I was recently going through user submissions (a big “thank you” to all who contribute by the way!) when I came across the following question/answer:
“question”: “Bu nasıl işliyor?”
According to Google Translate, the language above is Turkish and translates to:
“question”: “How does this work?”
“answer”: “Let’s see”
This inspired me to write a brief blog post on what happens with submissions, error reports, and e-mails.
New trivia submissions
When a user contributes a question/answer, the submission is entered into a temporary, private database which requires approval before the question is added to the public database for all users to see. I have not enabled alerts so I usually set aside some time each week to check the database and approve the submissions. The great thing about trivia lovers is that the submission is already in a great format so all I need to do is a bit of research to verify the question/answer before approving it. Some questions require a bit of editing, such as formatting or spelling. Another group are the questions with incorrect answers, which get updated and approved. I have nothing against incorrect answers because they go through a verification process and once fixed, they are a great addition to the database. And there is the last group of questions which are more posed as corrections. I don’t mind those either and treat them all very seriously.
Error Reports and E-mails
Both of these end up in my inbox and I get an alert on my cell phone. If I am not busy with work, or the family, I try to respond to those as quickly as I can.
So that’s it – everything is still manually done by humans. Although it would be awesome if there is some bulletproof AI that writes new trivia, verifies submissions and fixes existing errors. If you know something like this, or can do this, let me know!
This post is a collection if interesting submissions I came across that I couldn’t approve, but also couldn’t delete. All of these were very interesting but I just couldn’t verify them…so if one of these is yours, or if you know what the author meant to ask, please let me know. I would hate to not add these to the database. But they need a bit of editing.
“question”: “What two things do the years 1988, 1996 and 2016 have in common?”
“answer”: “Summer Olympics and U.S. Presidential Elections”
While this isn’t incorrect, I think there is more to this question…unless I am overthinking it. The Summer Olympics and U.S. Presidential Elections normally coincide so this applies to a whole bunch of dates. I also looked into other things that are common…like locations where these are held, top performing nations, etc. It was an interesting rabbit hole to fall into but I am not sure this question is ready yet. If you are the person who submitted this, get in touch and let me know what you meant…because I just might be overthinking this.
We also received an interesting form of correction to the answer for the question:
“The first atomic bomb test split an atom of what fissionable element?”
The original answer was “Plutonium” but the submitted the correction was not a straight forward one. The user submitted a link to Google search results. The funny thing about Google is that the results are rather personalized and the algorithm tries to blow up the answer it thinks you are searching for. For me, using the account I use to research and write trivia, the bold answer at the top of the search results was “Plutonium” but when I searched Incognito in Chrome, and through a couple of other devices and accounts I have, the answers were coming up as “Uranium”, “Uranium-235” and “Plutonium”. I find that fascinating and shows that the answer shouldn’t be taken blindly based on the top search result and that some additional reading is required and (but who am I to judge since I often do this myself).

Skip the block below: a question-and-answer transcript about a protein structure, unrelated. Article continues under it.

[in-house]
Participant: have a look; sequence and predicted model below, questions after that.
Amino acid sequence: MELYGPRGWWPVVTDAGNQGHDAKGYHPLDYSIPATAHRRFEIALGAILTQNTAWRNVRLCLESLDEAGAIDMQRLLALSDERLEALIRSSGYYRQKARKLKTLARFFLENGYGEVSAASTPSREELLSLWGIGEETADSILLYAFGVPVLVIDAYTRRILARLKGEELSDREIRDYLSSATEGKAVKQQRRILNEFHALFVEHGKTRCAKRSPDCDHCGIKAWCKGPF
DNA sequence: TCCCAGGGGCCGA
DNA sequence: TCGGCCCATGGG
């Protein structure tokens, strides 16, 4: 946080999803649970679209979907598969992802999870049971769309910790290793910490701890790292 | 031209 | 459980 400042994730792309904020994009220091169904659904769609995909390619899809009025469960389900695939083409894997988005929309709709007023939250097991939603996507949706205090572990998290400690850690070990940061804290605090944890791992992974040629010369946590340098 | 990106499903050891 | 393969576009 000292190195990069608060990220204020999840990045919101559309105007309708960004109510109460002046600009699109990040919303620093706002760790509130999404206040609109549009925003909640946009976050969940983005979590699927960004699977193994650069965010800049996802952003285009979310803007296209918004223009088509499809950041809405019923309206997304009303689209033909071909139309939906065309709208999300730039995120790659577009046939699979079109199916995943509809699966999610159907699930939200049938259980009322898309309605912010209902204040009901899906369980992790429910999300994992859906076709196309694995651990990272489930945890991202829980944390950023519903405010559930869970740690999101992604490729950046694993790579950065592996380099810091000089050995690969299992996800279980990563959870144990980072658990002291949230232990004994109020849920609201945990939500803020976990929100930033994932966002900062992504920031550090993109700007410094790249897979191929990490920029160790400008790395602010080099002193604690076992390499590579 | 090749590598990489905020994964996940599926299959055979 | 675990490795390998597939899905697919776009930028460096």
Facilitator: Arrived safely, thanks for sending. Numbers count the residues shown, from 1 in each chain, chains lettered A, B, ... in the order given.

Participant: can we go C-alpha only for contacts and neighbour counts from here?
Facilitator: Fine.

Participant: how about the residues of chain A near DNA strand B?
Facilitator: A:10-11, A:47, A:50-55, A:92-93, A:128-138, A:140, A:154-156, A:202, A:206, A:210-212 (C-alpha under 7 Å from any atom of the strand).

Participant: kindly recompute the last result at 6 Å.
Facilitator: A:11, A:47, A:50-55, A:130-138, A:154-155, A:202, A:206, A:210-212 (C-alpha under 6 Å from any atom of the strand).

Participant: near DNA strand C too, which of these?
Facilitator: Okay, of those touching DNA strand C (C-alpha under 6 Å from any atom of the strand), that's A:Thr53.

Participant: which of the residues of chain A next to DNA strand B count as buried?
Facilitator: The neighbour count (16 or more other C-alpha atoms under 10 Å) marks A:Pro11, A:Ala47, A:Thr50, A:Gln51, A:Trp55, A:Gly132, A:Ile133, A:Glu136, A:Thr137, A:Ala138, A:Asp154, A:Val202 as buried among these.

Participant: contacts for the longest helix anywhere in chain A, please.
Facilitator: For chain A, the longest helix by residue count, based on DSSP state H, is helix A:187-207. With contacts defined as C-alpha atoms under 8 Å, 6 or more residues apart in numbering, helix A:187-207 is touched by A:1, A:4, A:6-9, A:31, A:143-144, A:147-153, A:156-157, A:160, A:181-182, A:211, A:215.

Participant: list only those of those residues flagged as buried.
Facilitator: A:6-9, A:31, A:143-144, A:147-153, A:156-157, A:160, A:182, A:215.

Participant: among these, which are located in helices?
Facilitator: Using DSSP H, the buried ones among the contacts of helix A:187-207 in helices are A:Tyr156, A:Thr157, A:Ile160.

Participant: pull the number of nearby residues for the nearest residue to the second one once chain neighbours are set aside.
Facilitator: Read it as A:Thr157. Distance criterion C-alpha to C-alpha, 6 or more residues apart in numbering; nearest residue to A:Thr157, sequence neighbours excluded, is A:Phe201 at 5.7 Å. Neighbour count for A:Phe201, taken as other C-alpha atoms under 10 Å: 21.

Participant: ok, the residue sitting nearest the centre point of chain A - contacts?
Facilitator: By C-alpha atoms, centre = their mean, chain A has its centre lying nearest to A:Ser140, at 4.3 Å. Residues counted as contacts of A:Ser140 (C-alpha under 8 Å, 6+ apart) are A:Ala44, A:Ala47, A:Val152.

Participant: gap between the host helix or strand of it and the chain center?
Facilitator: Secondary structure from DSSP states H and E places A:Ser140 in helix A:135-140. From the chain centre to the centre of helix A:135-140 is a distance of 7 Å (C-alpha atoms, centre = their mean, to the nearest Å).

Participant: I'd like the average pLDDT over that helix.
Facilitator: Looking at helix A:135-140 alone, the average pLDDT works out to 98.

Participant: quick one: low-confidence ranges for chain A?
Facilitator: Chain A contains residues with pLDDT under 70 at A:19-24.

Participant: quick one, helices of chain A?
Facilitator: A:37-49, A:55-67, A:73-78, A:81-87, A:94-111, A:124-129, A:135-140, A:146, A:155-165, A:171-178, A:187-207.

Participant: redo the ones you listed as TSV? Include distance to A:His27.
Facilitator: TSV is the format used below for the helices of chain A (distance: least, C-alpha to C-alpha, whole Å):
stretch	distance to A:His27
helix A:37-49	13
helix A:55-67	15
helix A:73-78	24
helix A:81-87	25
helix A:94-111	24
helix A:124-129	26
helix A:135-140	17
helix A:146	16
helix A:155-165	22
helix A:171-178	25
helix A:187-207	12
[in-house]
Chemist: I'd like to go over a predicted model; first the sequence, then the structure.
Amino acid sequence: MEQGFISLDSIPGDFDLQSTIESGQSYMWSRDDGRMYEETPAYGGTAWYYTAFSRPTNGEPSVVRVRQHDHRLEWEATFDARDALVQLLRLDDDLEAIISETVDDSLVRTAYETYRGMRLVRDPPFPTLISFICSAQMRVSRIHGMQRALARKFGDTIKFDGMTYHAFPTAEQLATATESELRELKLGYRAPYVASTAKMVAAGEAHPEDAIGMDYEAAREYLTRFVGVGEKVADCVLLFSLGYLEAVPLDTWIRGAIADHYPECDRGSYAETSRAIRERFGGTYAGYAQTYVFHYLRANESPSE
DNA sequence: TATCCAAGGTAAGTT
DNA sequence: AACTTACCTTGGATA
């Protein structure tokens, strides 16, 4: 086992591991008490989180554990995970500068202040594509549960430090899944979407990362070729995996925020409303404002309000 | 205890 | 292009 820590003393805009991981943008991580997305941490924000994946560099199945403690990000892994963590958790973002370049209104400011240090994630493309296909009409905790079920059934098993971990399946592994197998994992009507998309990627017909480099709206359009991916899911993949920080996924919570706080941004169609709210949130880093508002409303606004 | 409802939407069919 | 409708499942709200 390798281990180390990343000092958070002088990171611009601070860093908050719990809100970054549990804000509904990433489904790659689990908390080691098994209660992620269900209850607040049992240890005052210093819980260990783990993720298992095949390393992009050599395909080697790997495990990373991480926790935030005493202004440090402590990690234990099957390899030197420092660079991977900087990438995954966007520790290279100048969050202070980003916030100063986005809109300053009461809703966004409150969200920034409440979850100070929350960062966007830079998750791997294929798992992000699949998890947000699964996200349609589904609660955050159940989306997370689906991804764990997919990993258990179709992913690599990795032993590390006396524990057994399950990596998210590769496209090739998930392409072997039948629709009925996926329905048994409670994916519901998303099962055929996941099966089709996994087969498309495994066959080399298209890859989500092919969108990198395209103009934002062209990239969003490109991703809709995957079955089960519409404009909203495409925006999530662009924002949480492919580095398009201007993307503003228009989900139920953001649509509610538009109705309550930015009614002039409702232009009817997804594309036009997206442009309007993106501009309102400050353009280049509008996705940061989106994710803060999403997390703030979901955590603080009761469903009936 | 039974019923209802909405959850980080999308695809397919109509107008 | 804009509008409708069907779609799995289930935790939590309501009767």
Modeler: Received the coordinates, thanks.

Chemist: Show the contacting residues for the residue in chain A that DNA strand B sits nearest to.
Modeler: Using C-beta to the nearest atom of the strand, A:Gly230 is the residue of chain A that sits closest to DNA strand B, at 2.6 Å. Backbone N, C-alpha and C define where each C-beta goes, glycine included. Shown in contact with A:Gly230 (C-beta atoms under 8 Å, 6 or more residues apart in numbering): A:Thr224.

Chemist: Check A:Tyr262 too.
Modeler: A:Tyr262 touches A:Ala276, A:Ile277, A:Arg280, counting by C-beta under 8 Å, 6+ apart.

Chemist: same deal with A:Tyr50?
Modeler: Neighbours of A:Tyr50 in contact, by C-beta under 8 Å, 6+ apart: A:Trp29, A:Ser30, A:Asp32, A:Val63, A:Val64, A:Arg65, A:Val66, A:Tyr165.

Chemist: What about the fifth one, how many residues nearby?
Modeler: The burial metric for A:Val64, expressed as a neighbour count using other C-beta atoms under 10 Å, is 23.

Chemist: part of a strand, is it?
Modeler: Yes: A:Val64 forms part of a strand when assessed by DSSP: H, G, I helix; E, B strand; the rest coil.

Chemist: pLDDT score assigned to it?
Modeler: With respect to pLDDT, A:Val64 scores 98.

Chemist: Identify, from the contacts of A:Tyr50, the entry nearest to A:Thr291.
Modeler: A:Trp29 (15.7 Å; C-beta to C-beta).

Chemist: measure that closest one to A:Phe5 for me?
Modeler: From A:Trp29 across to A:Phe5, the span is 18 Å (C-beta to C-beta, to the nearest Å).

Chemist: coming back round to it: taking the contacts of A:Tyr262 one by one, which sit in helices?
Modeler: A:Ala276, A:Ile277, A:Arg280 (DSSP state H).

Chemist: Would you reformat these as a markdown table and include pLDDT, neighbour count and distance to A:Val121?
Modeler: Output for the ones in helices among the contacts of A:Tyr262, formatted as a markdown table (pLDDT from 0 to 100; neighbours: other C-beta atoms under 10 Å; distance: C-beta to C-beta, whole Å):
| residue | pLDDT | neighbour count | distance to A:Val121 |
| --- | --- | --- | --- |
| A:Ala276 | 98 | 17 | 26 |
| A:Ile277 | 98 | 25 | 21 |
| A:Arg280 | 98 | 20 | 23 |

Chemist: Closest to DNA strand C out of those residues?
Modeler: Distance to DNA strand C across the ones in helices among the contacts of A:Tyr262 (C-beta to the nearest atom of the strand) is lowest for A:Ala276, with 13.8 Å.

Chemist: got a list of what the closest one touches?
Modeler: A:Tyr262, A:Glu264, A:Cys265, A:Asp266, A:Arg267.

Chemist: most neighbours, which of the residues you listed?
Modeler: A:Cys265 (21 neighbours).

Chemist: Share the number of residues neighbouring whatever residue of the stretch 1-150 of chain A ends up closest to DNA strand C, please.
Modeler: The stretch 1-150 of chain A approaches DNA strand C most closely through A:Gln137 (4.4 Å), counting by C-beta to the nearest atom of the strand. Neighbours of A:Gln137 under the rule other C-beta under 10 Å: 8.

The truth is that when you search “atomic bomb” you will find that they could be made using either uranium or plutonium, which explains the mix of answers. Some articles also provide a lot of additional information on the elements and the search algorithm is not capable of identifying some specifics. The first atomic bomb test, codenamed “Trinity”, used plutonium. But that answer is not near the top of any of the search results and requires some digging. Therefore, we stand by our original answer.
Keep the corrections and submission coming. We love going through them and learning new things and, of course, when we are wrong.
I have been catching up on submissions for a while now but I have been slacking off addressing some incorrect submissions. Typically incorrect submissions just need a bit of massaging/editing to fix them up. They could be off by a few days (if a date is the answer), the spelling of the answer could mean something else, etc. It is rare that I get completely incorrect submissions but I still do. Here is one of the latest ones:
“question” : “What is the only country in the world that is contained within 2 continents?”
“answer” : “Turkey”
If the fix was simple, I would have implemented it and moved on. But this is hard to fix because there are just so many countries that span two continents, or are fully “contained” within two. If you include little territories, then the number of answers grows exponentially. I am not going to name all countries that span multiple continents but a few major ones come to mind – Russia, for example. That is a rather large country to miss.
Just a quick search using your favorite search engine reveals numerous sites listing countries. Here is one at the top of every search result as an example. There are more depending on how you wish to classify the countries.
But in case I have misinterpreted the question, please let me know and I will approve it within the submission system with some minor corrections. You can either respond to this post with a comment or shoot us an e-mail at firstname.lastname@example.org.